Memory Lane: pay relativities

by George Hatjoullis

One of my enduring memories of the 1960s and 1970s was the endless strikes about pay relativities. One union achieved a pay rise and every other union sought one to maintain ‘pay relativities’. It was as if no one had heard of a labour market and relative pay structures had been set down in stone by a prophet and must be obeyed. Many of the industries that were most insistent were in the public sector. Employment was not subject to market realities in the public sector of this era. They nevertheless spread into the private sector with even more disastrous consequences. It was at root (in my humble opinion) the reason the car industry failed.

Relative price changes is the market’s way of telling you to do more of one thing and less of another. It facilitates a smoother transition. If relative prices are carved in stone then, if demand in one industry declines and in another rises, the signal to shift resources occurs via volume of sales. If pay levels in one industry are relatively high then relative employment levels fall as demand for the product declines. Except that in a unionised public sector this is not so straightforward. Coal, steel, shipbuilding, railways, bus drivers, tube workers, electricity generating staff, gas board staff, telecoms staff teachers, civil servants etc were all in the public sector. Firing people was a major problem because this was another excuse for strike.

The result was that declining industries retained higher than warranted employment levels and productivity increases proved difficult, all subsidised by the taxpayer. The relativities battle ( battles between unions, and between unions and the state) was the basis of the wage-price spiral. Every pay increase raised all wages and inevitably prices. Moreover, fear full of breaking the full employment promise, ensured successive governments validated this process by easy money and easy fiscal policy (no independent Bank of England worried about inflation in those days). High inflation and stagnation (stagflation) was the outcome.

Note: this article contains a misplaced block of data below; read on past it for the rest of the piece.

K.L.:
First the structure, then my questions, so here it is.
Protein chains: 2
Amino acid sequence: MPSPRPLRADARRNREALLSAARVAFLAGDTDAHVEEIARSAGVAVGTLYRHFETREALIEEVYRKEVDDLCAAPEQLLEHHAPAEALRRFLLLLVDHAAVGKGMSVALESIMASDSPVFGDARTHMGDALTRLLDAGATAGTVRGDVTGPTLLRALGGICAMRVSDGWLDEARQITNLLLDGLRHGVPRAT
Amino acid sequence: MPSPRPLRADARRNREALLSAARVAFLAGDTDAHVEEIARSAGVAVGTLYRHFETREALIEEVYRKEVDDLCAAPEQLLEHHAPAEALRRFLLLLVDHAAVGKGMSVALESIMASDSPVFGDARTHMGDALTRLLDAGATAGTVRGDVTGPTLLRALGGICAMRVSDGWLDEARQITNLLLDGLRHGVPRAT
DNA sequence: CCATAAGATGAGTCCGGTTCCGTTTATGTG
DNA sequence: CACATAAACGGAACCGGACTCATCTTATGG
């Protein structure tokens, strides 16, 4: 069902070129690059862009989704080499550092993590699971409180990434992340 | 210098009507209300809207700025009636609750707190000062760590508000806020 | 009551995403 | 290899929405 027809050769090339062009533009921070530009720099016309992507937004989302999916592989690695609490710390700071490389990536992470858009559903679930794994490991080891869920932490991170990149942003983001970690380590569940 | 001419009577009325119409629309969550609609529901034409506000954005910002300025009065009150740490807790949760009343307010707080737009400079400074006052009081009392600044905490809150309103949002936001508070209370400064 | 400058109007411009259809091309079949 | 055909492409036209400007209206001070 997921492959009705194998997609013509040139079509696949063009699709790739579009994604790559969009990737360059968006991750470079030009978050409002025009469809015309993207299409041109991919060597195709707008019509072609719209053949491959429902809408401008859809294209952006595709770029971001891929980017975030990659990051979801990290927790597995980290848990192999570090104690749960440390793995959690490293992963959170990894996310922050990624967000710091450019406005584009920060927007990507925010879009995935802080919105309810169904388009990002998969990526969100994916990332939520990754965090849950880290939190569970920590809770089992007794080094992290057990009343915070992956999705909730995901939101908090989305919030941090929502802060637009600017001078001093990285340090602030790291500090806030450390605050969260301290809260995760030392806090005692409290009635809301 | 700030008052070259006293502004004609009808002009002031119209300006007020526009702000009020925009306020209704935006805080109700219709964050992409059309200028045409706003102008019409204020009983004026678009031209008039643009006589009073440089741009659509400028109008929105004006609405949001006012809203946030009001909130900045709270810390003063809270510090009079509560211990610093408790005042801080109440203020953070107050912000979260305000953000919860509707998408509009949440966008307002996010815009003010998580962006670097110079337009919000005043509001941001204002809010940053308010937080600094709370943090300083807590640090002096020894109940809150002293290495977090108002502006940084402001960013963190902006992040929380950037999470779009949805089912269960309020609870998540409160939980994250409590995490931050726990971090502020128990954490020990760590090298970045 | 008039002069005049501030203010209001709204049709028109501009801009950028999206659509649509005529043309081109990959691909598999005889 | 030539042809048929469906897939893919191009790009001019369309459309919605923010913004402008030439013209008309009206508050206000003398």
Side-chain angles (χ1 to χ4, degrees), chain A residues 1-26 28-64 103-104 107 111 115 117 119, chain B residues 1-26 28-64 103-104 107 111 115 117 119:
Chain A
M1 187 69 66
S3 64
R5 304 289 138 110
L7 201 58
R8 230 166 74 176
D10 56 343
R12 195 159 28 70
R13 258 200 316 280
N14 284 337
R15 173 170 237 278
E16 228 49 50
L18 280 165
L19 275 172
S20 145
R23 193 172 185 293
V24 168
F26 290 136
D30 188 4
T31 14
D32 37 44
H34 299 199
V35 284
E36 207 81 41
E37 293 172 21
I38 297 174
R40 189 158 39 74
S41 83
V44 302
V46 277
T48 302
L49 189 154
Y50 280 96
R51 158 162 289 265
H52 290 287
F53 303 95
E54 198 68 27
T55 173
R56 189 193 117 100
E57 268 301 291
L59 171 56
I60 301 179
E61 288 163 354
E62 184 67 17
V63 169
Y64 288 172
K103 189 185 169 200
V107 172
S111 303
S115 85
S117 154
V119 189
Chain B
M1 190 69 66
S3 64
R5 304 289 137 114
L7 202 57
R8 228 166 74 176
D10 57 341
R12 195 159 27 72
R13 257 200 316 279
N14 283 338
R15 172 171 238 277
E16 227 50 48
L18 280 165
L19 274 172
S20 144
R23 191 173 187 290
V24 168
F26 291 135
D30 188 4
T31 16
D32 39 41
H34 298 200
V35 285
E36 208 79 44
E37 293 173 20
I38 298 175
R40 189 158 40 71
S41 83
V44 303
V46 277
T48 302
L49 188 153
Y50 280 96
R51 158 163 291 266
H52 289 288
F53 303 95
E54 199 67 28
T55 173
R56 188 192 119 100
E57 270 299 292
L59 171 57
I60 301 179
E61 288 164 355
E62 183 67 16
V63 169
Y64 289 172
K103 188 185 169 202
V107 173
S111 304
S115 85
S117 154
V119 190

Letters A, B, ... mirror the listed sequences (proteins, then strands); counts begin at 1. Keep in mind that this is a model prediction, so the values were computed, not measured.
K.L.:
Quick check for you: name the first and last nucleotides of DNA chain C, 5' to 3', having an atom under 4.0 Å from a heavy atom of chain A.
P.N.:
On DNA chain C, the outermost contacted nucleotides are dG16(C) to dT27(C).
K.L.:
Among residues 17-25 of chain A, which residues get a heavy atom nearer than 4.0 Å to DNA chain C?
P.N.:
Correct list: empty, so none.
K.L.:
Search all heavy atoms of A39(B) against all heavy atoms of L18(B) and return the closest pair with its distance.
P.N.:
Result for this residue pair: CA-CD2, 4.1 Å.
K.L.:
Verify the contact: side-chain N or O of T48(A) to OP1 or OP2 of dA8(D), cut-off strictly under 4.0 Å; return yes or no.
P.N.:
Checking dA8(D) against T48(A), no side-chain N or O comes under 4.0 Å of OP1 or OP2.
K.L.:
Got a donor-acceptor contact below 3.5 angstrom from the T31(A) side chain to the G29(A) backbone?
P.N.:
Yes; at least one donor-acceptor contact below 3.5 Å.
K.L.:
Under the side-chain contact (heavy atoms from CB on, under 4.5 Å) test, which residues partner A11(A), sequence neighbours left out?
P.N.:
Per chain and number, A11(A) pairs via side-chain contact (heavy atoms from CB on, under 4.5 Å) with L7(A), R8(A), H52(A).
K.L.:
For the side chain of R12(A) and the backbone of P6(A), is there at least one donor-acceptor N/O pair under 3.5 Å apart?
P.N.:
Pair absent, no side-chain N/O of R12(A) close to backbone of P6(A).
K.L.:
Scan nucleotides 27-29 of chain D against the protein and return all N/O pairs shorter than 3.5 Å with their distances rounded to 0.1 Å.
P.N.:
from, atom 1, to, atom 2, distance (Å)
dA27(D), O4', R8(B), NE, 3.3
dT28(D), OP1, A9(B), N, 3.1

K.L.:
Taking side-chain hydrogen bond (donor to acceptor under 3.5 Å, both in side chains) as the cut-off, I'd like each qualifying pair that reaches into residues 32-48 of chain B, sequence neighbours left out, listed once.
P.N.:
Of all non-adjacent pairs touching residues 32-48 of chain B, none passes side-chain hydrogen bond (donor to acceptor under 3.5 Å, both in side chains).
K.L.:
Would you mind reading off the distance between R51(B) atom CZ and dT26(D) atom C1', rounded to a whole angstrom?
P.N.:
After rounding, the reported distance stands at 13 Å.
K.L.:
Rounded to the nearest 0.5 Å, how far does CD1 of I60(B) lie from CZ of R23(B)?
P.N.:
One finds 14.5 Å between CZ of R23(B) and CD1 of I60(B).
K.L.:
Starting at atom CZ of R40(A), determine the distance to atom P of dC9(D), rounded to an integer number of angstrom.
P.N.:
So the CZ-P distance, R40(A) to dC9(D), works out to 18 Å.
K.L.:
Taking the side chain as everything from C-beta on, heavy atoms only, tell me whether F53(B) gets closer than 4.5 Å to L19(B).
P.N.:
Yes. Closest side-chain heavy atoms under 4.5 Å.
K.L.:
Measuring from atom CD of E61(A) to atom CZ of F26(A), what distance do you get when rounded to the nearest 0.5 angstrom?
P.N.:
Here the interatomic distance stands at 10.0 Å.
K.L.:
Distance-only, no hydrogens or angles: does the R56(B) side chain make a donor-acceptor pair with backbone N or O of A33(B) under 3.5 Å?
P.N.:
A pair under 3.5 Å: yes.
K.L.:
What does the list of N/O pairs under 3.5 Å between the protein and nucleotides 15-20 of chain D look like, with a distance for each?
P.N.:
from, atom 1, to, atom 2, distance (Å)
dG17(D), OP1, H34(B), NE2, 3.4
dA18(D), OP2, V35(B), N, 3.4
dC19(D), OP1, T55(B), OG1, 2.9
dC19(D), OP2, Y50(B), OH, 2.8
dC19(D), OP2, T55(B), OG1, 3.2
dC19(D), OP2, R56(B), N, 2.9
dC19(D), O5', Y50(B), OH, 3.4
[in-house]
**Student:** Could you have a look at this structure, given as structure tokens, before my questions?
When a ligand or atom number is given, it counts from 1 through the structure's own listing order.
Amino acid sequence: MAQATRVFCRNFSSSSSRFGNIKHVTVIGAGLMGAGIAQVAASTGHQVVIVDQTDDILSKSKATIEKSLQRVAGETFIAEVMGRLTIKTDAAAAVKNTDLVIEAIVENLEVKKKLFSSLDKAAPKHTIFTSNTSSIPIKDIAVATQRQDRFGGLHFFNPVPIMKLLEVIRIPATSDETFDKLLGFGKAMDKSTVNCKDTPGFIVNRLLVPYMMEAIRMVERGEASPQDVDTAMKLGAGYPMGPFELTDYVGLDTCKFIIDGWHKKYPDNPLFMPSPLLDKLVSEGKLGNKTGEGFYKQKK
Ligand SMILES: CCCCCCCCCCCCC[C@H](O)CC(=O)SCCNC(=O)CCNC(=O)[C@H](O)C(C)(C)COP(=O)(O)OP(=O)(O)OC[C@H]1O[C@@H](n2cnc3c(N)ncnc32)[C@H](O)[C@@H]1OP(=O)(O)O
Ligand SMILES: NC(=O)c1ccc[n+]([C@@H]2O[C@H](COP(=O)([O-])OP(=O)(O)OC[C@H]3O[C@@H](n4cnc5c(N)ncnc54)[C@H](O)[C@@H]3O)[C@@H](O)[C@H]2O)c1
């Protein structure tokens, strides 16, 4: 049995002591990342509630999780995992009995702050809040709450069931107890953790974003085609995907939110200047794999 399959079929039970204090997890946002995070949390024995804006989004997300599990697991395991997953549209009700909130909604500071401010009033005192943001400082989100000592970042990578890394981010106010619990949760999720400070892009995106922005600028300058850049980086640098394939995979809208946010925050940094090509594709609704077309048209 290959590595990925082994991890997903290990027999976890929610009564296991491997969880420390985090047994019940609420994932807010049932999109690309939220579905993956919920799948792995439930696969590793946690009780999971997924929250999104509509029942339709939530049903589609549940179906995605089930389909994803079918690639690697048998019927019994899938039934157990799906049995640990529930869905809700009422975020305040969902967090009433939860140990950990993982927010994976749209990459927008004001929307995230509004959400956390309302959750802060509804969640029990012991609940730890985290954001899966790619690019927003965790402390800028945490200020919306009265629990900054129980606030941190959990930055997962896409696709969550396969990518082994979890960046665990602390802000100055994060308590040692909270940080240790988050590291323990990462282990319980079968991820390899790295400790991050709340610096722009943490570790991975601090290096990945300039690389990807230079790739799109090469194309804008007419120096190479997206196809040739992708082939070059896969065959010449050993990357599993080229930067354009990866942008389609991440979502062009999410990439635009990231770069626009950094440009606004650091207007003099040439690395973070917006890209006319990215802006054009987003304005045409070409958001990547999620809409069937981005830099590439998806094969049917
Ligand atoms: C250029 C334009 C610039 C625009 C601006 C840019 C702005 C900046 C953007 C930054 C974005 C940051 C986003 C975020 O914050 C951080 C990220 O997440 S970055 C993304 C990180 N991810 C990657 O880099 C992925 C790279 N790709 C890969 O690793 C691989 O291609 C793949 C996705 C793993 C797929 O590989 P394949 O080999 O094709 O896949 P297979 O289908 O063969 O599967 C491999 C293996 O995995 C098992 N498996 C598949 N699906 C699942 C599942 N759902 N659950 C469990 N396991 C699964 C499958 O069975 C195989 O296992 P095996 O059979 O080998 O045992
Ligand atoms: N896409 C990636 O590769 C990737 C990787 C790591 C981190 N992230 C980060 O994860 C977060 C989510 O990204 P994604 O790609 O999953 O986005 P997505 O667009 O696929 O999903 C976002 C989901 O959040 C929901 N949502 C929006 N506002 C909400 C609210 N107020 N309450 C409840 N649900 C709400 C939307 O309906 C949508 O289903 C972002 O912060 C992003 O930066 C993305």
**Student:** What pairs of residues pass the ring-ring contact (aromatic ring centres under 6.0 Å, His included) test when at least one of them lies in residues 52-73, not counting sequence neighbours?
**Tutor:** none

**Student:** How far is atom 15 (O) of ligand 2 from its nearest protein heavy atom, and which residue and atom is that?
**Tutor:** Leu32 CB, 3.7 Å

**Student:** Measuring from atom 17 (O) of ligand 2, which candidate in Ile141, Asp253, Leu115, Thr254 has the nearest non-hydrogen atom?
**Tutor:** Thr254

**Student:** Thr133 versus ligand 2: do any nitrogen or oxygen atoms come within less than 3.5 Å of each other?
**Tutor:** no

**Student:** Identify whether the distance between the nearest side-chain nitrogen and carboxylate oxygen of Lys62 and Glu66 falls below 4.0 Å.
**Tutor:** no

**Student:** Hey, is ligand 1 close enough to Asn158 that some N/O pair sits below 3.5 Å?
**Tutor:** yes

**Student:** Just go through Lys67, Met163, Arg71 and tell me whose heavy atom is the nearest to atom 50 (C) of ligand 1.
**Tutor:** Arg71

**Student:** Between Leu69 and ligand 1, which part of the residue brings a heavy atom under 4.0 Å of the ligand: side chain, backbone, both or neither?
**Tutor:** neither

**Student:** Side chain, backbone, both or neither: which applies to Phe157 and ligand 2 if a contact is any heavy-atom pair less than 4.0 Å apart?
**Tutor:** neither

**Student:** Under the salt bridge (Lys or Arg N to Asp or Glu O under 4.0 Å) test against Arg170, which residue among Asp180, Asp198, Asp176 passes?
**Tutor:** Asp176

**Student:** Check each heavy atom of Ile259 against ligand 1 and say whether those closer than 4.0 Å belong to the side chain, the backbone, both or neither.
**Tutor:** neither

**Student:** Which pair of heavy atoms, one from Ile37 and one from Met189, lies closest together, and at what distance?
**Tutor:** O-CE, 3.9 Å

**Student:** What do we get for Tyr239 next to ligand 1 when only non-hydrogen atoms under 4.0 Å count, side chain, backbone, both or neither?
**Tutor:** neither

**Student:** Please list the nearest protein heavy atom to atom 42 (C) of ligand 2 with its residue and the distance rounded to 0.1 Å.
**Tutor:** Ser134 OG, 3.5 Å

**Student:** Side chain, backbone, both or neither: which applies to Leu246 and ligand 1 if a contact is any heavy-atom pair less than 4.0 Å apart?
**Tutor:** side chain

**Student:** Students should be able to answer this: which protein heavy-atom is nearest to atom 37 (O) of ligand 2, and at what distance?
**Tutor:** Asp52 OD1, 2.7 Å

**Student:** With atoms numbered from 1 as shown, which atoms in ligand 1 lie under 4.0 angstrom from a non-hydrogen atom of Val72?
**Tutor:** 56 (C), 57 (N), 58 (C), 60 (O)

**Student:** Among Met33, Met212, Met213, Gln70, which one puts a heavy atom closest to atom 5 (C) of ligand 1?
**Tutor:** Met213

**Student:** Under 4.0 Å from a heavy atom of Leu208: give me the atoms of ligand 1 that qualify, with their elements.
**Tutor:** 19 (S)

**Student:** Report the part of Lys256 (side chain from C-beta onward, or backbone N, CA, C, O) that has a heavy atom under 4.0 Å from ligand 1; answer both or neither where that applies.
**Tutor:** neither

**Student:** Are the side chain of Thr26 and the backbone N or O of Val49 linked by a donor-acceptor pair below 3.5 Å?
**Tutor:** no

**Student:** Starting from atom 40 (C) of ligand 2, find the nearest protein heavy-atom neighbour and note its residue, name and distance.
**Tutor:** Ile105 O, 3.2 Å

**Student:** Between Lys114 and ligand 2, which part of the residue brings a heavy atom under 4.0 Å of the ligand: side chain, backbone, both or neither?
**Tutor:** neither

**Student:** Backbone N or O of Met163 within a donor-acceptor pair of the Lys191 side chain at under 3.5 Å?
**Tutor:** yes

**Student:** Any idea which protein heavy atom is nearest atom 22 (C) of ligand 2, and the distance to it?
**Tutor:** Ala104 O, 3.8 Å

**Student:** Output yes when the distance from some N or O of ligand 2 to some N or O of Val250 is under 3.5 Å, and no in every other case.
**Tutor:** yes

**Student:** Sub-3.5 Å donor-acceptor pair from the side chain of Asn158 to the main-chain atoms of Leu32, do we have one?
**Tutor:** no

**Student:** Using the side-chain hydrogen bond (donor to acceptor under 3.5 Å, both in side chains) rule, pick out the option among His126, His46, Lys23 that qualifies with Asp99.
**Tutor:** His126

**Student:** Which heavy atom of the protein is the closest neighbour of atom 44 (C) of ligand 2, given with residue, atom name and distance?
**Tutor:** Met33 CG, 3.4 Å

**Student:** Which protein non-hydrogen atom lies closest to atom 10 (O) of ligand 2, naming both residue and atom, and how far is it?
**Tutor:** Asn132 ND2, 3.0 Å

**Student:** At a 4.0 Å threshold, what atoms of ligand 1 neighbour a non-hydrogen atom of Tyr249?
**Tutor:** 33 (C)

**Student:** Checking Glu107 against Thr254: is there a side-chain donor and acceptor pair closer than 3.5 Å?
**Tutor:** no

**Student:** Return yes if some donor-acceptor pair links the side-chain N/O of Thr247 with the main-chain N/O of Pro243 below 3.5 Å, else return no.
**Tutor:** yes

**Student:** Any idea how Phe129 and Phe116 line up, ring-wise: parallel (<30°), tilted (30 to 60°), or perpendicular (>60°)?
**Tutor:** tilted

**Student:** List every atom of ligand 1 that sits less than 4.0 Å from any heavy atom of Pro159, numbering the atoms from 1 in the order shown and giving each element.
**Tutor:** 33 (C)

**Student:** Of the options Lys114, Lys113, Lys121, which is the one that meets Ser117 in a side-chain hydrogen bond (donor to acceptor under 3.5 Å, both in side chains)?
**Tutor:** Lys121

The process was broken by Thatcher by destroying the power of unions to enforce pay relativities. The Miners regarded themselves to be at the top of the working food chain. This is why they were so militant. This is why Thatcher went for them. Once she broke the alpha worker class it all began to fall into place. She followed up by privatising everything that could be run in the private sector in order to ensure that aggressive union behaviour had direct employment prospects (as it had for British Leyland). She also eroded union power. The rest is history.

Today we have a Labour party that wishes to re-nationalise everything it can and increase union power. This does not mean we will return to the bad old days. One obstacle is the independent Bank of England. But independence can be changed by act of parliament. Another would be EU guidelines on budget deficits. Not a problem if we leave the EU is it Jeremy? So if you liked the 1960s and 1970s and want to return, vote Labour.